Transforming the Marketplace

The Mushroom Council

2017 Progress Report

Year Committed: 2013
Length of Commitment: 3 years

Dedicate a minimum of $2 million annually for 3 years to bring more vegetables to the plates of American families through mushroom marketing, working with school systems to increase mushroom-based food items served in schools, developing a new category of healthier meat and mushroom products for schools or commercial foodservice and engaging major associations of nutritionists and dieticians to communicate the nutrition benefits of blending mushrooms and meats.

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Verified Results

    • Commitment Element

      Develop a Standard Procedure tool kit for use of mushrooms in school food that will be distributed nationally to schools.
    • Progress To Date

      The Mushroom Council developed the Farm to School: Mushroom Harvest of the Month Kit for schools in 2015, which provides classroom materials, marketing materials and information for parents and food service personnel focused on mushrooms. Between January and August 2017, the online toolkit was accessed by 596 unique users.

    • Implementation Date

      September 2016
    • Reporting Date

      April 2017
    • Commitment Element

      Facilitate mushroom promotions in 10 school districts, with a target of five school districts where a majority of students participate in the free or reduced lunch program, and with a goal of serving meal items made with mushrooms and marketing the health benefits to staff, teachers, students and parents.
    • Progress To Date

      In 2017, the Mushroom Council conducted one contest, "Blend the Rules", that challenged K-12 schools to creatively blend and serve mushrooms to students. Schools submitted mushroom success stories, recipes and photos for a chance to win farm to school grants and mushroom growing kits. Since 2013, the Mushroom Council has conducted 13 promotions with schools districts, six of which were in school districts where the majority of students were eligible for free or reduced price school meals.

    • Implementation Date

      June 2016
    • Reporting Date

      April 2017
    • Commitment Element

      Coordinate development and distribution of 30-40 recipes for schools that operate scratch cooking services. Recipes will focus on meat/mushroom blends and uses for fresh mushrooms.
    • Progress To Date

      By the end of 2017, the Mushroom Council had developed 69 recipes for schools that focus on meat/mushroom blends and fresh mushrooms, exceeding its goal. Recipes are available for all schools on the Mushroom Council's website.

    • Implementation Date

      June 2016
    • Reporting Date

      April 2017
    • Commitment Element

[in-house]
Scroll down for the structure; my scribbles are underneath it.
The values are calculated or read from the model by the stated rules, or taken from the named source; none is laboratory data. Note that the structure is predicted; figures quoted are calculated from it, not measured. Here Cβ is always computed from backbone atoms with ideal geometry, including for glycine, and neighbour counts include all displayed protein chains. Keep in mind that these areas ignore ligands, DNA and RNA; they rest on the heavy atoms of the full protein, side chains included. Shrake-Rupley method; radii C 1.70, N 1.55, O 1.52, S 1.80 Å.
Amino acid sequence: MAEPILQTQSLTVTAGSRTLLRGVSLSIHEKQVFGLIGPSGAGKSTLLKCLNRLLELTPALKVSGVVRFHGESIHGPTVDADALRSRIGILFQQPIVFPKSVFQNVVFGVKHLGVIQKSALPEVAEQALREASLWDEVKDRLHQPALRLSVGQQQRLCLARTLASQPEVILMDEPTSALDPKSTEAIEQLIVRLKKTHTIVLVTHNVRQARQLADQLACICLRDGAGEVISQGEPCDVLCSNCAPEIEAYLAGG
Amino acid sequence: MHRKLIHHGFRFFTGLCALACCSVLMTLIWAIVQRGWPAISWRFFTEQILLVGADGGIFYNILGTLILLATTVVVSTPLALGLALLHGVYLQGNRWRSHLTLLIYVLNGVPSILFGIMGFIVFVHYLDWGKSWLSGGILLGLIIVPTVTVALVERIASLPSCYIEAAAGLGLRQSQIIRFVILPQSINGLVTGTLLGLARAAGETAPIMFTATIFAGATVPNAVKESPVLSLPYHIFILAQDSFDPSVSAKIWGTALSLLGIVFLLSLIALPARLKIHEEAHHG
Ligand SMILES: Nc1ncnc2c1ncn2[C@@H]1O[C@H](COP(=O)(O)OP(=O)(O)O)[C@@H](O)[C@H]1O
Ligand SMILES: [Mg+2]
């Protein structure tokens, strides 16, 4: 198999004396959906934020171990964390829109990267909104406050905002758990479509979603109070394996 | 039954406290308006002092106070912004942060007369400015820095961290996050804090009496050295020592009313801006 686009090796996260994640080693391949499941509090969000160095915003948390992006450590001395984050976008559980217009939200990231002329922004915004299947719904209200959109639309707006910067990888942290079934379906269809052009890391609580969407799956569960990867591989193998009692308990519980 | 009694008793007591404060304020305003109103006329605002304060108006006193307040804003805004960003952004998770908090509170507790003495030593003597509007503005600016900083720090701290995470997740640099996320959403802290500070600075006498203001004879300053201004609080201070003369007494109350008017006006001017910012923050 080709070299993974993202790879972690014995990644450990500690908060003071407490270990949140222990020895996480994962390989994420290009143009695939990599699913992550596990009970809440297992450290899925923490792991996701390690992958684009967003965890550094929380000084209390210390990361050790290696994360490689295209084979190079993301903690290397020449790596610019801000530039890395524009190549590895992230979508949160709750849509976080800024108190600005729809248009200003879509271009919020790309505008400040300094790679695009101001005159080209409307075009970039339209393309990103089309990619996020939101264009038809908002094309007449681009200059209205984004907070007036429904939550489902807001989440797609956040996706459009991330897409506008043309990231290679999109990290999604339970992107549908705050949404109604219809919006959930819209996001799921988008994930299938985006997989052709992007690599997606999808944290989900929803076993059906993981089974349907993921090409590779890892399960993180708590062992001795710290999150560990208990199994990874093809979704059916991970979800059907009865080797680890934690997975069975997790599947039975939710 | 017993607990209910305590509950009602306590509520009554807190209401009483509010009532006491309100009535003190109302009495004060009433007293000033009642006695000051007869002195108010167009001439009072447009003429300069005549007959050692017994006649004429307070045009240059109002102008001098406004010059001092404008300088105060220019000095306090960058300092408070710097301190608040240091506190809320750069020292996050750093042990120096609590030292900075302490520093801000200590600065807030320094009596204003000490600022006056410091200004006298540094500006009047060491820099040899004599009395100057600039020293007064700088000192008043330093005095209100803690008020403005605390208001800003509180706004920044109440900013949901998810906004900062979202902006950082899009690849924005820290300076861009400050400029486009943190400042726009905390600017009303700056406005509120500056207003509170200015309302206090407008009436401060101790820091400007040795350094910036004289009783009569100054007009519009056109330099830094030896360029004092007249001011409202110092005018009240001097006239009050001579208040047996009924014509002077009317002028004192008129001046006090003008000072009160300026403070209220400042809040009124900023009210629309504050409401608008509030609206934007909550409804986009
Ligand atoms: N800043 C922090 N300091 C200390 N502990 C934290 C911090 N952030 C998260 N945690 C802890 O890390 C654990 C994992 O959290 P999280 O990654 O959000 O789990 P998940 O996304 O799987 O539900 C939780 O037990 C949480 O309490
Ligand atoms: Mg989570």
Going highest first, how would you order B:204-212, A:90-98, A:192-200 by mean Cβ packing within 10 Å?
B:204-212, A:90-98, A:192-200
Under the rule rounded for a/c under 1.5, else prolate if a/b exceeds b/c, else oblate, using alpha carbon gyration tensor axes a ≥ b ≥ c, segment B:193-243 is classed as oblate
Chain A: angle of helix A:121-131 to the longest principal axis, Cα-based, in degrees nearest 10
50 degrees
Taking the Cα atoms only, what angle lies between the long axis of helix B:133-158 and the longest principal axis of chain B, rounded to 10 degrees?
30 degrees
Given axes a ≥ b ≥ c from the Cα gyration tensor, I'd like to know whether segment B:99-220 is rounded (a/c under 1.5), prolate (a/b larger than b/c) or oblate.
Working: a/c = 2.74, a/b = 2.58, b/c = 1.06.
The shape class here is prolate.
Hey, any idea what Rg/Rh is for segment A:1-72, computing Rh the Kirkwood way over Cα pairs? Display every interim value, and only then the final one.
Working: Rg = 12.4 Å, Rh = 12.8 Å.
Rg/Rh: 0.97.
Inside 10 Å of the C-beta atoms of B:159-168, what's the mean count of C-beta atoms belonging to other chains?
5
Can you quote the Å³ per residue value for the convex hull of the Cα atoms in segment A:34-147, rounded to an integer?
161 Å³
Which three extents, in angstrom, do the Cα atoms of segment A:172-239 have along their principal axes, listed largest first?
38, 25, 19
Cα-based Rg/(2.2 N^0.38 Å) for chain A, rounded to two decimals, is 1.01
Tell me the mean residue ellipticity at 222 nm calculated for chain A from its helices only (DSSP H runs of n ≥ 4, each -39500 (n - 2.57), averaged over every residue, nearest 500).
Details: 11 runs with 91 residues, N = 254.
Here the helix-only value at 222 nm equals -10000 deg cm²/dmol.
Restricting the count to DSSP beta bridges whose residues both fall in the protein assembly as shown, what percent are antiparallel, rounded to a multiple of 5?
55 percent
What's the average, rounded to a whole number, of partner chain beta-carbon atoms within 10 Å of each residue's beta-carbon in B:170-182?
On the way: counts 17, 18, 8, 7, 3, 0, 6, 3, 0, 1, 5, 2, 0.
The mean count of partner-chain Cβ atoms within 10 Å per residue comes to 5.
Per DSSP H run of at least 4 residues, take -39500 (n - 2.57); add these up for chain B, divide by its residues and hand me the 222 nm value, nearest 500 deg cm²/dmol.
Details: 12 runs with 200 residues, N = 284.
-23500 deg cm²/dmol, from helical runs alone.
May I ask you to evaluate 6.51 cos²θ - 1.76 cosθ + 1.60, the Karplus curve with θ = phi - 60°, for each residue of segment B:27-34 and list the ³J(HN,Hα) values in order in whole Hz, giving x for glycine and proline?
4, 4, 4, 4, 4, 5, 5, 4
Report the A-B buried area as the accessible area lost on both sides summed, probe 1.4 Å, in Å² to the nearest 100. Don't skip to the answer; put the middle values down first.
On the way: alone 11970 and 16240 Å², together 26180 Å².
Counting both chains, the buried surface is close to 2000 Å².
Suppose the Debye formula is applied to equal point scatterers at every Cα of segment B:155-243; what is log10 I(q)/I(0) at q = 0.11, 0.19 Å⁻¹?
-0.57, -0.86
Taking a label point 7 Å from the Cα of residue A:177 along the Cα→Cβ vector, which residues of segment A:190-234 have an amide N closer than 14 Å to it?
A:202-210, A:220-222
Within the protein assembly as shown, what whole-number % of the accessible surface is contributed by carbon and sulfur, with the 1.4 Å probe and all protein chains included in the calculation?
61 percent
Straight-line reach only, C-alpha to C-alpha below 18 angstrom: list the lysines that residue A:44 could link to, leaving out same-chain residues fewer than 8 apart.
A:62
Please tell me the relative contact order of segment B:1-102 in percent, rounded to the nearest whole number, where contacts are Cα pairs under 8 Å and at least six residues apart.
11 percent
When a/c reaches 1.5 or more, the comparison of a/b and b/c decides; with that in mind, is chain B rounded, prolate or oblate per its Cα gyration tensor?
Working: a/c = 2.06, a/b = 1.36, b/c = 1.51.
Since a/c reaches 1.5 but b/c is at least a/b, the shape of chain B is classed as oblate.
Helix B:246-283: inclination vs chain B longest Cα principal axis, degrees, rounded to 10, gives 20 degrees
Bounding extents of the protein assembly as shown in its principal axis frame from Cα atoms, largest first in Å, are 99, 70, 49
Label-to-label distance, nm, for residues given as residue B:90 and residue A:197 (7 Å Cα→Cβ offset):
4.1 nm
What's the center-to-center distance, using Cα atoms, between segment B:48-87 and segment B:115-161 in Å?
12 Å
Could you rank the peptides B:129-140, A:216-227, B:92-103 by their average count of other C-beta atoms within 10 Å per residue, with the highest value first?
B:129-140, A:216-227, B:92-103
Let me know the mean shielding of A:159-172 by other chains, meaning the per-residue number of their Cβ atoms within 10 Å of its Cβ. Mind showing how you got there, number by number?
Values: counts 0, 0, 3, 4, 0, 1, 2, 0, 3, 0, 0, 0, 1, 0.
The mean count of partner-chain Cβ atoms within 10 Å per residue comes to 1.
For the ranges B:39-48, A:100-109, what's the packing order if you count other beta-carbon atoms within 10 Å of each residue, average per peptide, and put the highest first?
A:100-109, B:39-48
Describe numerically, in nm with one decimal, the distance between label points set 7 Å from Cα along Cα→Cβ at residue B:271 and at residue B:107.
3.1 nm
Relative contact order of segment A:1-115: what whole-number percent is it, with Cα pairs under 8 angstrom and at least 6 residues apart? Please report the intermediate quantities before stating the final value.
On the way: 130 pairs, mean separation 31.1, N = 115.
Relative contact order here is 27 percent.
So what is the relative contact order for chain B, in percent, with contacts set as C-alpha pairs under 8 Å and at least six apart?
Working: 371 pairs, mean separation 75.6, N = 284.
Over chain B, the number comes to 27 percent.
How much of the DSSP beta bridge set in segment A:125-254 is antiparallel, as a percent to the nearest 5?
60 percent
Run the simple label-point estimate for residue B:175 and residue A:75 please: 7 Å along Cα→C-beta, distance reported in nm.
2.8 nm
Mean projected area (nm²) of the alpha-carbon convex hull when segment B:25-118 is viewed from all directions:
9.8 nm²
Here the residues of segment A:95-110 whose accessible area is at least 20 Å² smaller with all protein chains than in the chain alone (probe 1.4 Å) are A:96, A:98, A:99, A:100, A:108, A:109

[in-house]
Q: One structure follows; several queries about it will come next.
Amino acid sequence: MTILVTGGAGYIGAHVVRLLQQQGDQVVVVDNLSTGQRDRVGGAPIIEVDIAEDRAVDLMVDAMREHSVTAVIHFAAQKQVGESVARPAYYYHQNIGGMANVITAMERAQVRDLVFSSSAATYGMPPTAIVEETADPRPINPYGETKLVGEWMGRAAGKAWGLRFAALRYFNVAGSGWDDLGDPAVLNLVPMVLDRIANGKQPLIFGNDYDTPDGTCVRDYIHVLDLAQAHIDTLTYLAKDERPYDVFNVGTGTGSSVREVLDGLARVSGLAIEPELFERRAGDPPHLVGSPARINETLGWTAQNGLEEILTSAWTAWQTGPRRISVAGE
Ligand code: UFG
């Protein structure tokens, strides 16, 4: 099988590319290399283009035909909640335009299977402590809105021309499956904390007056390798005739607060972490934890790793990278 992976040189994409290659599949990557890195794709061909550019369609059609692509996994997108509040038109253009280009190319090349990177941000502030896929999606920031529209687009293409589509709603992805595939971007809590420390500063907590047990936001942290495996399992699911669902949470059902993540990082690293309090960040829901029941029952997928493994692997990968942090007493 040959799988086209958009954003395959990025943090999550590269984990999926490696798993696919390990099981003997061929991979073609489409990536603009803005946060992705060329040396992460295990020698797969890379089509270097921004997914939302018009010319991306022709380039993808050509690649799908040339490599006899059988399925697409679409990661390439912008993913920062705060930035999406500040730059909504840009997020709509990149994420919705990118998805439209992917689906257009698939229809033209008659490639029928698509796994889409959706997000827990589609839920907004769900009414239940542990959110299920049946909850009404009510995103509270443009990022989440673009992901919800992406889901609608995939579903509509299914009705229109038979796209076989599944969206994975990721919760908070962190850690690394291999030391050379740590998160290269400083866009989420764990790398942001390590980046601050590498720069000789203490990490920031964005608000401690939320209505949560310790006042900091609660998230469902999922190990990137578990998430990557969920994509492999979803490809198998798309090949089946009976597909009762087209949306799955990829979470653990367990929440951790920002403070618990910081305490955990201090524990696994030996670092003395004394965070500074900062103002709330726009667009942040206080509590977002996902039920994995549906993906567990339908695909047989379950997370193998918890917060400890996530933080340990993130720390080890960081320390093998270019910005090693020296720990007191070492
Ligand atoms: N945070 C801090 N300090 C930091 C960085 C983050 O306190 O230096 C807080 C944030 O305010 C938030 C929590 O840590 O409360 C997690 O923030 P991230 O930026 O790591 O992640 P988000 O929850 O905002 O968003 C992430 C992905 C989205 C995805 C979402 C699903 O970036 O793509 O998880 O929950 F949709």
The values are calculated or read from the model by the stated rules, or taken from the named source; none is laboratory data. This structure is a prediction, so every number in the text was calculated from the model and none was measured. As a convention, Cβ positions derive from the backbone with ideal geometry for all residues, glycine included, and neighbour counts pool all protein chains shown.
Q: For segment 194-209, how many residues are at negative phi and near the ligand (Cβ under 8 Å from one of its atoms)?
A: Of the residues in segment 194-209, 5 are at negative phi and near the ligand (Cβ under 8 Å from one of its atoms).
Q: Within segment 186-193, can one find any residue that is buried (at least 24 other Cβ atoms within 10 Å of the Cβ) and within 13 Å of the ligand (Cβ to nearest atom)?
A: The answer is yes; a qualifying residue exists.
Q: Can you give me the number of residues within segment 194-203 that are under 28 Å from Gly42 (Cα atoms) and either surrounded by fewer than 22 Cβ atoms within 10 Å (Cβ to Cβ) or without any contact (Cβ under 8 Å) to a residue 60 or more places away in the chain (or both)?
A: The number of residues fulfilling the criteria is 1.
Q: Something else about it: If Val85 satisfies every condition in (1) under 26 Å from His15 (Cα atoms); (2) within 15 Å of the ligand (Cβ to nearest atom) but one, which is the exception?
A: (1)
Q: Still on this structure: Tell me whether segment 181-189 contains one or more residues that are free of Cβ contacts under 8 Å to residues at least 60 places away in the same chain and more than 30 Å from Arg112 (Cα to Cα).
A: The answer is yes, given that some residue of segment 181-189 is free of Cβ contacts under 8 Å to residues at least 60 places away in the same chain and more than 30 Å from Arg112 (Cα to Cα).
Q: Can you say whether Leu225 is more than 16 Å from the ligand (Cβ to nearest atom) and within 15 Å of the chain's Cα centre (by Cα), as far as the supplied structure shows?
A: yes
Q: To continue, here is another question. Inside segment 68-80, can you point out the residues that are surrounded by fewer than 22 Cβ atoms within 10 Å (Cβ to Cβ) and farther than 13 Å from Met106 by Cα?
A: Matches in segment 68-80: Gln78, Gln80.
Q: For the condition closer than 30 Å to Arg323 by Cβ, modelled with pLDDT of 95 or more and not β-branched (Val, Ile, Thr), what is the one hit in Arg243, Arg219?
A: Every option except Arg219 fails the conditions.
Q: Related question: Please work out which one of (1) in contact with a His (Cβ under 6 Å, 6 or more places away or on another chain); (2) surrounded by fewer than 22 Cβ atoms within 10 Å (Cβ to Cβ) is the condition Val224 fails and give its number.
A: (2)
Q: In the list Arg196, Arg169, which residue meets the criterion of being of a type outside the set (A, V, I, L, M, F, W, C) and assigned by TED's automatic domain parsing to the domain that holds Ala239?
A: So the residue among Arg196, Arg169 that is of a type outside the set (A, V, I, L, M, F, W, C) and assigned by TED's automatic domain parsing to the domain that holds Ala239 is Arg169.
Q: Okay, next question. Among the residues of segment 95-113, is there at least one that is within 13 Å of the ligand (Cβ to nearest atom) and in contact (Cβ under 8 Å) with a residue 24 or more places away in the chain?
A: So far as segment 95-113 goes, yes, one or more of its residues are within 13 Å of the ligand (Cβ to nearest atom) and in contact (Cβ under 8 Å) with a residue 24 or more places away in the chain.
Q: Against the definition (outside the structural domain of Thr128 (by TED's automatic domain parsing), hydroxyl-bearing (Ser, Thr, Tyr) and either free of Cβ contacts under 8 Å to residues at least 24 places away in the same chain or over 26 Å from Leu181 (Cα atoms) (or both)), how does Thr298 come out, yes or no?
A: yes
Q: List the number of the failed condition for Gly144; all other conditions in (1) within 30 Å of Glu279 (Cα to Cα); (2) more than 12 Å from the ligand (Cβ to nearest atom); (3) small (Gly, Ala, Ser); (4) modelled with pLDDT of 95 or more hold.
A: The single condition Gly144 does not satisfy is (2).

Develop a minimum of four new meat/mushroom blended products and share with USDA for school food service.
    • Progress To Date

      In 2017, three new meat/mushroom blended products were shared with USDA for school food service. Since 2013, a total of 11 new meat/mushroom blended products were shared with USDA for school food service, exceeding the Mushroom Council's goal.

    • Implementation Date

      June 2016
    • Reporting Date

      April 2017

Partner Statement

“The Mushroom Council remains committed to improving nutrition and health through multiple foodservice channels including retail, colleges and universities, and healthcare. In the K-12 channel, the Council has provided training and technical assistance to dozens of US districts in order to increase vegetable consumption and reduce sodium intake. Using scratch cooking and other culinary techniques, school kitchens can take advantage of mushrooms’ umami to deepen the flavor of meals and enhance student acceptance. The Council’s efforts have been very successful. A scan of the school nutrition landscape in 2012 revealed that mushrooms were rarely used in schools and were restricted to a few “traditional” dishes – pizza as a topping, brown gravy and occasional casseroles like turkey tetrazzini. Five years later, in 2017, schools are now serving mushrooms in blended burgers (as well as on top of regular burgers), in multiple pasta dishes (roasted and grilled), in traditional Asian entrées like ramen, pho and stir-fry, and in many breakfast favorites from frittatas to omelets. The meaty texture and flavor of mushrooms have also made them an integral component of the growing trend toward vegetarian dishes in schools. These uses can seen in the 2018 Mushrooms on the Menu (http://www.mushroomsinschools.com/information-resources/) showcasing fifty real photos of real school meals.”